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Testing In Golang

10 Mar 2013

I generally dislike testing code at the same time as I'm learning a language. It's too much. Plus it always seems like tests written in an unknown environment are end up being worse than useless. Sooner or later though, there's just no excuse for putting it off.

The way testing works is to include a _test.go file alongside the file under test, in the same folder and package. Any function within this file that stats with Test will be tested. Such functions are expected to take a pointer to testing.T.

For example, if we wanted to test the file lazycache.go in the lazycache package, we could expect to see a file named lazycache_test.go with the following skeleton:

package lazycache

import (
  "testing"
)

func TestHandlesNonExistingItems(t *testing.T) {
  ....
}

using the testing.T type is a real pain, you need to constantly wrap things in if statements:

func TestHandlesNonExistingItems(t *testing.T) {
  _, exists := New().Get(9001)
  if exists == true {
    t.Error("expected the item not to exits")
  }
}

There are 3rd party packages that greatly improve the story, but so far I've been using a simple wrapper. With it, the above test can be rewritten as:

func TestHandlesNonExistingItems(t *testing.T) {
  spec := tests.Spec(t)
  _, exists := New().Get(9001)
  spec.Expect(exists).ToEqual(false)
}

As a static language, testing in Go has a strong Java/C# feel: interfaces are your friend. The difference between a method that's easy to test and not is often a matter of whether you are passing interfaces (good) or concrete types (bad). Since functions are first class types in Go, functions can also be passed around to decouple implementations.

For example, since the http.ResponseWriter is an interface, we can easily put it under test. We can either use a mocking framework, or create our own fake response.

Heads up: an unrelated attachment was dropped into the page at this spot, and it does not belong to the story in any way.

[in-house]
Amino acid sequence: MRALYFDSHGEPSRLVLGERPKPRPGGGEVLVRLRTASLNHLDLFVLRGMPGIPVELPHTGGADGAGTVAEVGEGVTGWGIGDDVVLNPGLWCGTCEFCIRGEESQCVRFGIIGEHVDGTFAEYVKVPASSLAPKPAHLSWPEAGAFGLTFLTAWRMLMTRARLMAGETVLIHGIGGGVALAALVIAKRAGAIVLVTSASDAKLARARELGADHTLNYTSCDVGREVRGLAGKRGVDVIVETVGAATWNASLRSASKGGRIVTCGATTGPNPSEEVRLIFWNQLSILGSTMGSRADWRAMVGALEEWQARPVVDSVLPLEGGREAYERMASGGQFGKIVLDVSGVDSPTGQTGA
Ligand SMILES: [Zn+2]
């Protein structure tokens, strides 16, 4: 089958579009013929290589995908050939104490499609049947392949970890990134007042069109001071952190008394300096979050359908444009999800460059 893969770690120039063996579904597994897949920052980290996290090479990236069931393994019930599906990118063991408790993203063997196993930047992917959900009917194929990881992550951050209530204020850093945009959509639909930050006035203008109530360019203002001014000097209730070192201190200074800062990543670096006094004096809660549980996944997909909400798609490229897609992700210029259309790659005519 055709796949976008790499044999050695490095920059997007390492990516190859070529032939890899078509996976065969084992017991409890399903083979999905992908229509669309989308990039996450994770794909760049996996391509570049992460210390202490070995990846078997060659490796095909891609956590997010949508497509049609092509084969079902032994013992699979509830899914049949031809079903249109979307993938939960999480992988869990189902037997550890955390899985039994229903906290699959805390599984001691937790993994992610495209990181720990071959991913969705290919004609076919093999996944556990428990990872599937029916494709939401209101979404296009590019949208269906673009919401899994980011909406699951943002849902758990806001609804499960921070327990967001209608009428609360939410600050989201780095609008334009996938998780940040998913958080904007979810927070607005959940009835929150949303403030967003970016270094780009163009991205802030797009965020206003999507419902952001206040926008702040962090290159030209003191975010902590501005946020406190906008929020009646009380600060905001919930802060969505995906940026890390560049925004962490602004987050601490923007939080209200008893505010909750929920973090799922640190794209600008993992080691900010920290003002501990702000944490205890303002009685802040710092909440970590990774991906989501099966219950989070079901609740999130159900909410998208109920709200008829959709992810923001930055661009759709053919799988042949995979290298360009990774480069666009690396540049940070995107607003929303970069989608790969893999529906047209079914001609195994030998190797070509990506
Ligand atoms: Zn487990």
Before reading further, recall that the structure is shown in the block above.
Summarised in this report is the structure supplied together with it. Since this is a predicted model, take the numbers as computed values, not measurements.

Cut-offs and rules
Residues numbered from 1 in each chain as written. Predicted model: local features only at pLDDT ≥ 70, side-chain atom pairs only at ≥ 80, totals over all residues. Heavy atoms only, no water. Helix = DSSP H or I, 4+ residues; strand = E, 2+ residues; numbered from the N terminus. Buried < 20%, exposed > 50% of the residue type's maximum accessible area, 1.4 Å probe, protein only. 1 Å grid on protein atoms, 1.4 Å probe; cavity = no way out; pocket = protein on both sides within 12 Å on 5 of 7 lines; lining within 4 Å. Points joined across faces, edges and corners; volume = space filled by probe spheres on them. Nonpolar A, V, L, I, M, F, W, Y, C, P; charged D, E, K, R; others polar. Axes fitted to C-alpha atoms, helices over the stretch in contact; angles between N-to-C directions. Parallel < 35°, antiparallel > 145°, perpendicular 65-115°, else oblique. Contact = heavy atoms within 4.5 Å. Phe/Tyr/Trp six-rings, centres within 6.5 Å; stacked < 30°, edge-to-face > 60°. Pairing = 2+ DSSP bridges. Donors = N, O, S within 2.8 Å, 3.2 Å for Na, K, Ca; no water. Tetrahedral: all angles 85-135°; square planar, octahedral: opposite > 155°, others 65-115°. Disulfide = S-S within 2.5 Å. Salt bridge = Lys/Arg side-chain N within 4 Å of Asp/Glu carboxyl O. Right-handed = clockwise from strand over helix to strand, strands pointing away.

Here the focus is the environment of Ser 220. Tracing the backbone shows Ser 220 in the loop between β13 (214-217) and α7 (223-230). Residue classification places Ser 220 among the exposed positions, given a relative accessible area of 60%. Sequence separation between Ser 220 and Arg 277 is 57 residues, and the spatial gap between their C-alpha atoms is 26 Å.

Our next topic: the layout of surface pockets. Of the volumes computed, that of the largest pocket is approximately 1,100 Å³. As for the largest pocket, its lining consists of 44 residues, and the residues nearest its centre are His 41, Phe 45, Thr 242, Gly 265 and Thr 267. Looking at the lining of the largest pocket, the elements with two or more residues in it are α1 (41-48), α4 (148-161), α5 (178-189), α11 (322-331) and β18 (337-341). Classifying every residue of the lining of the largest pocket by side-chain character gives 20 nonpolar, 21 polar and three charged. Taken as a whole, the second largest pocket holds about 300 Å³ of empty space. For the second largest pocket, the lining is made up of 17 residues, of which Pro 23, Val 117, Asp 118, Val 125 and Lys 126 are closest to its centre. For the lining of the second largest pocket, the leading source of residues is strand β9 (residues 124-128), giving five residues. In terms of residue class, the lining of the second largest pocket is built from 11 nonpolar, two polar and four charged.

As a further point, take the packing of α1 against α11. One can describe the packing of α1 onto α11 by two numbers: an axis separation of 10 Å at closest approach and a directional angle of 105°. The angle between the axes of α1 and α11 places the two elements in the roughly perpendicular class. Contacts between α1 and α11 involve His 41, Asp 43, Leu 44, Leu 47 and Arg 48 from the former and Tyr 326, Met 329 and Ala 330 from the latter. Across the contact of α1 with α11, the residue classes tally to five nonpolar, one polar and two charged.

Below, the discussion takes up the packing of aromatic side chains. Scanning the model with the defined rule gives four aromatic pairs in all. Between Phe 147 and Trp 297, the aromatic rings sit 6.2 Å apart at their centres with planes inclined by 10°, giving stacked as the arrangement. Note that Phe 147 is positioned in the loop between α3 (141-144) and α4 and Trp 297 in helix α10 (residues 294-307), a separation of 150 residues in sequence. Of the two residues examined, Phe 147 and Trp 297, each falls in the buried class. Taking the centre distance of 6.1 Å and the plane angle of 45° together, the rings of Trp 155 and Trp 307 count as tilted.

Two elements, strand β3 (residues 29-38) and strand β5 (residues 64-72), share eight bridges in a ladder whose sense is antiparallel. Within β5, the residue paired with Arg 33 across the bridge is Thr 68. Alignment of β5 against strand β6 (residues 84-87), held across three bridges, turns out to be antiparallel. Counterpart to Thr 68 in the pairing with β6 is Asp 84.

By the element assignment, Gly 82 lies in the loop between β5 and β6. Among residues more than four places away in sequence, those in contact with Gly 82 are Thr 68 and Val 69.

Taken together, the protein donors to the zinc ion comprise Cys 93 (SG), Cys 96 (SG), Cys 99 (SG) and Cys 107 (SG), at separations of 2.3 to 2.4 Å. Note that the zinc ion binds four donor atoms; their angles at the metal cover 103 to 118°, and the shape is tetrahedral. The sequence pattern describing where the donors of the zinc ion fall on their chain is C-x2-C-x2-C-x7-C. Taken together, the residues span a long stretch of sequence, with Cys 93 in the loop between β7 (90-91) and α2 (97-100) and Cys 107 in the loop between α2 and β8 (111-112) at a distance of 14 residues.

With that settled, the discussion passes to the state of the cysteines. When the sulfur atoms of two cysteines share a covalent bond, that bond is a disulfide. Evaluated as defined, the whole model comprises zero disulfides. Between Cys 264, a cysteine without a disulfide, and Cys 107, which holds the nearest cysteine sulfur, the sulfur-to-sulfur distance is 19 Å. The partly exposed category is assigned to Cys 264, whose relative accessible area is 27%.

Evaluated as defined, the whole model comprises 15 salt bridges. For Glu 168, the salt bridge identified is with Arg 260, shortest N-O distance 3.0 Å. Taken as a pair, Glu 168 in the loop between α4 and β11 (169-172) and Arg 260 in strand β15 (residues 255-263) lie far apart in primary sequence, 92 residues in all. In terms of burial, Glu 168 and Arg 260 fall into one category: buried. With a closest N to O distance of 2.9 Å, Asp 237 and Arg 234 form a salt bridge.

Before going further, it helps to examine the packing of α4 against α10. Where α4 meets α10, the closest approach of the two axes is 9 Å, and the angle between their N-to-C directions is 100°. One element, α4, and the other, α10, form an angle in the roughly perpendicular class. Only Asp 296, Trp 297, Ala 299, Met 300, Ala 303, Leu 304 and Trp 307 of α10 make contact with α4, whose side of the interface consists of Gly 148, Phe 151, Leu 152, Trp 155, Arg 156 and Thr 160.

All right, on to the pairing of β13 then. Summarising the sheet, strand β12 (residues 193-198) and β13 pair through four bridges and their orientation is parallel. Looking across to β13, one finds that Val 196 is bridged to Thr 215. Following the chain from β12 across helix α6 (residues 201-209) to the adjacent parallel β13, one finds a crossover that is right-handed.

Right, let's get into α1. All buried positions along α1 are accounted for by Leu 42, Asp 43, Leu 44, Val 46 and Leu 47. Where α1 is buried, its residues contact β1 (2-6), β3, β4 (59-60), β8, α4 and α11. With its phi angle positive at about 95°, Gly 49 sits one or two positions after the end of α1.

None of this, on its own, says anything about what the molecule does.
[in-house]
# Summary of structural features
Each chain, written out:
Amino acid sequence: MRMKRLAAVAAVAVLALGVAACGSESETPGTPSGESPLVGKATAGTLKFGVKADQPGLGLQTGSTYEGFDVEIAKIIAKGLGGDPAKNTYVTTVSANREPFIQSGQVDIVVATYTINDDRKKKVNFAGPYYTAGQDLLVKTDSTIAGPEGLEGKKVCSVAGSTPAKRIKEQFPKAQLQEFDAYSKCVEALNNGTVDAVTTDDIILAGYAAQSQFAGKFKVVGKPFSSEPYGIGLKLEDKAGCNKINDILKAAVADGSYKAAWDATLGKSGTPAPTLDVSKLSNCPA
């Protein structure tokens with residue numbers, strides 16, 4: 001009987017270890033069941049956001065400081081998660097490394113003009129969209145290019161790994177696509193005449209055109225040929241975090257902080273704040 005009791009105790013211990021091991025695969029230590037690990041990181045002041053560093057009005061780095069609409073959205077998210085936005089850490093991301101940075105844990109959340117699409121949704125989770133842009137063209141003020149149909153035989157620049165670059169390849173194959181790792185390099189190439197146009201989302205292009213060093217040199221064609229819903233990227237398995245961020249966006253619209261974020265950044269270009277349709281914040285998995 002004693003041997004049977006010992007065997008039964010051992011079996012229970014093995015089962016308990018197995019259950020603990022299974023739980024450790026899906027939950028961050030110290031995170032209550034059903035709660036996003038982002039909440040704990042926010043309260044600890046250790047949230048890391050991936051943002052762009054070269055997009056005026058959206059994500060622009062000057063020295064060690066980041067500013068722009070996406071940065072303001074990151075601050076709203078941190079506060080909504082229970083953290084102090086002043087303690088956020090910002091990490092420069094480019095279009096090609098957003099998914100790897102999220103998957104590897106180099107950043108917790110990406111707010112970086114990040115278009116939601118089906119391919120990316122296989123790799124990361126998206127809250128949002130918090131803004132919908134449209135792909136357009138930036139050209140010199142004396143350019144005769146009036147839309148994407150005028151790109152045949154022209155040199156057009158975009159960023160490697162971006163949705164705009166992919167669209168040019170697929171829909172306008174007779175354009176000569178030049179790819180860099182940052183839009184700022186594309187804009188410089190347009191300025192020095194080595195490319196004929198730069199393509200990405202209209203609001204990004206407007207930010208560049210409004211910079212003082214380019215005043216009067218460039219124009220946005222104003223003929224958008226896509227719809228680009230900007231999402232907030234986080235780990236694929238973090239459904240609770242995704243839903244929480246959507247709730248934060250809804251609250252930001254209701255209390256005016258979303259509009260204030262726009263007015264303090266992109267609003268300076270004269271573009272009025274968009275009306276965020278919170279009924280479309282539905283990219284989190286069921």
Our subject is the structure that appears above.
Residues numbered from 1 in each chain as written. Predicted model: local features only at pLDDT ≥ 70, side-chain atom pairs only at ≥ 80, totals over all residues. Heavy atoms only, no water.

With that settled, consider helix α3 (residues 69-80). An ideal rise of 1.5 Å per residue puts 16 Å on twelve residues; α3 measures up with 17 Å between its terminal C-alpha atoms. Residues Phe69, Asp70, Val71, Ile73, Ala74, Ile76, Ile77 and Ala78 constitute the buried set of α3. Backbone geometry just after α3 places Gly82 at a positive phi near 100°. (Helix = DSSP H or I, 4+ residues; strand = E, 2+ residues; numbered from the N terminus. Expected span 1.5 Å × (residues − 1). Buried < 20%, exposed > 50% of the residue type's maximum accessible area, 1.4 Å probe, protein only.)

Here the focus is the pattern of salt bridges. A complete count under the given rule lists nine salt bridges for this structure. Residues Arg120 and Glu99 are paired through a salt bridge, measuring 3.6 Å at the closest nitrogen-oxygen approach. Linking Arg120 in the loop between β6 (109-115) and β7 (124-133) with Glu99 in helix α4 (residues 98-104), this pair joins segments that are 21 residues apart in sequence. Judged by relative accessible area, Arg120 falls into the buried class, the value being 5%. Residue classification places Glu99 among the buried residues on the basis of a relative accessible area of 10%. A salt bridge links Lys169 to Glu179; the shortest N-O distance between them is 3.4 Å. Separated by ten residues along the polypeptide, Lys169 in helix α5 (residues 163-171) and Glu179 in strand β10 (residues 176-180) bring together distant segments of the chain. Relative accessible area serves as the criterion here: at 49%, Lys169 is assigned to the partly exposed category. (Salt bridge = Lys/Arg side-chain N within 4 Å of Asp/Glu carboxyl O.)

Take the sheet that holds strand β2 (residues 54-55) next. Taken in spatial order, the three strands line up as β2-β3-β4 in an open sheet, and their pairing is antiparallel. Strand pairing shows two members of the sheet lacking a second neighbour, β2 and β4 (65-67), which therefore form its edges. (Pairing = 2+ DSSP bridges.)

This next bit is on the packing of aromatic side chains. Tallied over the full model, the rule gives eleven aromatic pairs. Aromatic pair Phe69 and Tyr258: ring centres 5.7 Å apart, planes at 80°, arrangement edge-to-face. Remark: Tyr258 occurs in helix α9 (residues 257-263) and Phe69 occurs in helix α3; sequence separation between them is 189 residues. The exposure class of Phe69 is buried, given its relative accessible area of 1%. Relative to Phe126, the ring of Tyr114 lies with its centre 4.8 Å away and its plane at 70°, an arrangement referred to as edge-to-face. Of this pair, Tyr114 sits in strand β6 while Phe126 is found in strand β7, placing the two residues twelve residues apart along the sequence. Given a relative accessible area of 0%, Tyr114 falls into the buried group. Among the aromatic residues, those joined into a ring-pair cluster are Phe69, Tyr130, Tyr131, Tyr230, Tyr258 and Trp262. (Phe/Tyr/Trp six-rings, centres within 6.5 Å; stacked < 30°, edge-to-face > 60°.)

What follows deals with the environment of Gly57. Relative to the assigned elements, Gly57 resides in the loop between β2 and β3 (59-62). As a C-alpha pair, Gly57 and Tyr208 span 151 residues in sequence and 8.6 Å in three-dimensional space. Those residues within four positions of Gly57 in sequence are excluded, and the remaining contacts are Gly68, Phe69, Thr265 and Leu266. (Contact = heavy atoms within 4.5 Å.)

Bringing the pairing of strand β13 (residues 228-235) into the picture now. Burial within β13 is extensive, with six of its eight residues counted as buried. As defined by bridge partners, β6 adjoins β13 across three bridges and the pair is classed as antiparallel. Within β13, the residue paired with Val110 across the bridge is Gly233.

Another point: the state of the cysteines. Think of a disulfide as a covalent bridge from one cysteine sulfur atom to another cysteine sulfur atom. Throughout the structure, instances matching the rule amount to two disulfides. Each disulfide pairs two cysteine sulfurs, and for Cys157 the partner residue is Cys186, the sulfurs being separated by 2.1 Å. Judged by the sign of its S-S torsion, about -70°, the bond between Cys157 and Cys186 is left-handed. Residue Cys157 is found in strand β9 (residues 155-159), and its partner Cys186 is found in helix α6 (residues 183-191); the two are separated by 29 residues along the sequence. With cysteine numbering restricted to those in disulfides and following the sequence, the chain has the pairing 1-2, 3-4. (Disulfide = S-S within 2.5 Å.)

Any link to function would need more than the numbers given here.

There's something about Go though that makes testing more pleasant than other static languages. I'm not sure if it's considered proper or if it's an anti-pattern; but since tests reside in the same package as the type under test, you have access to unexported types and members. While I'm not advocating that you test private members (or the closest Go has to private members), I've found it extremely useful to access these to set a desired state. This is especially true when you're writing lower level code which doesn't necessarily have a top-down flow (timers, goroutines, channels, ....).

Our LazyCache has a pruner which runs in a separate goroutine. Internally, we schedule it's next run period. We could expose this, but I hate exposing stuff just for testing. Instead, we can simply reach into the object and set whatever state we want:

  cache.nextPrune = time.Now().Add(-1 * time.Second)
  cache.Get("fail get triggers a prune")
  time.Sleep(5 * time.Millisecond) //let the pruner do its job
  //assert..

Overall, it's hard to rate Go's testing. Clearly the built-in package needs love. It also feels like you need to write a lot of support code - fake objects, builders, helpers, etc. On the flip side, the type of code we're writing in Go has always tended to be hard to test (sockets, threads, timers, ...), and Go, as a language, does a decent job of helping you out.

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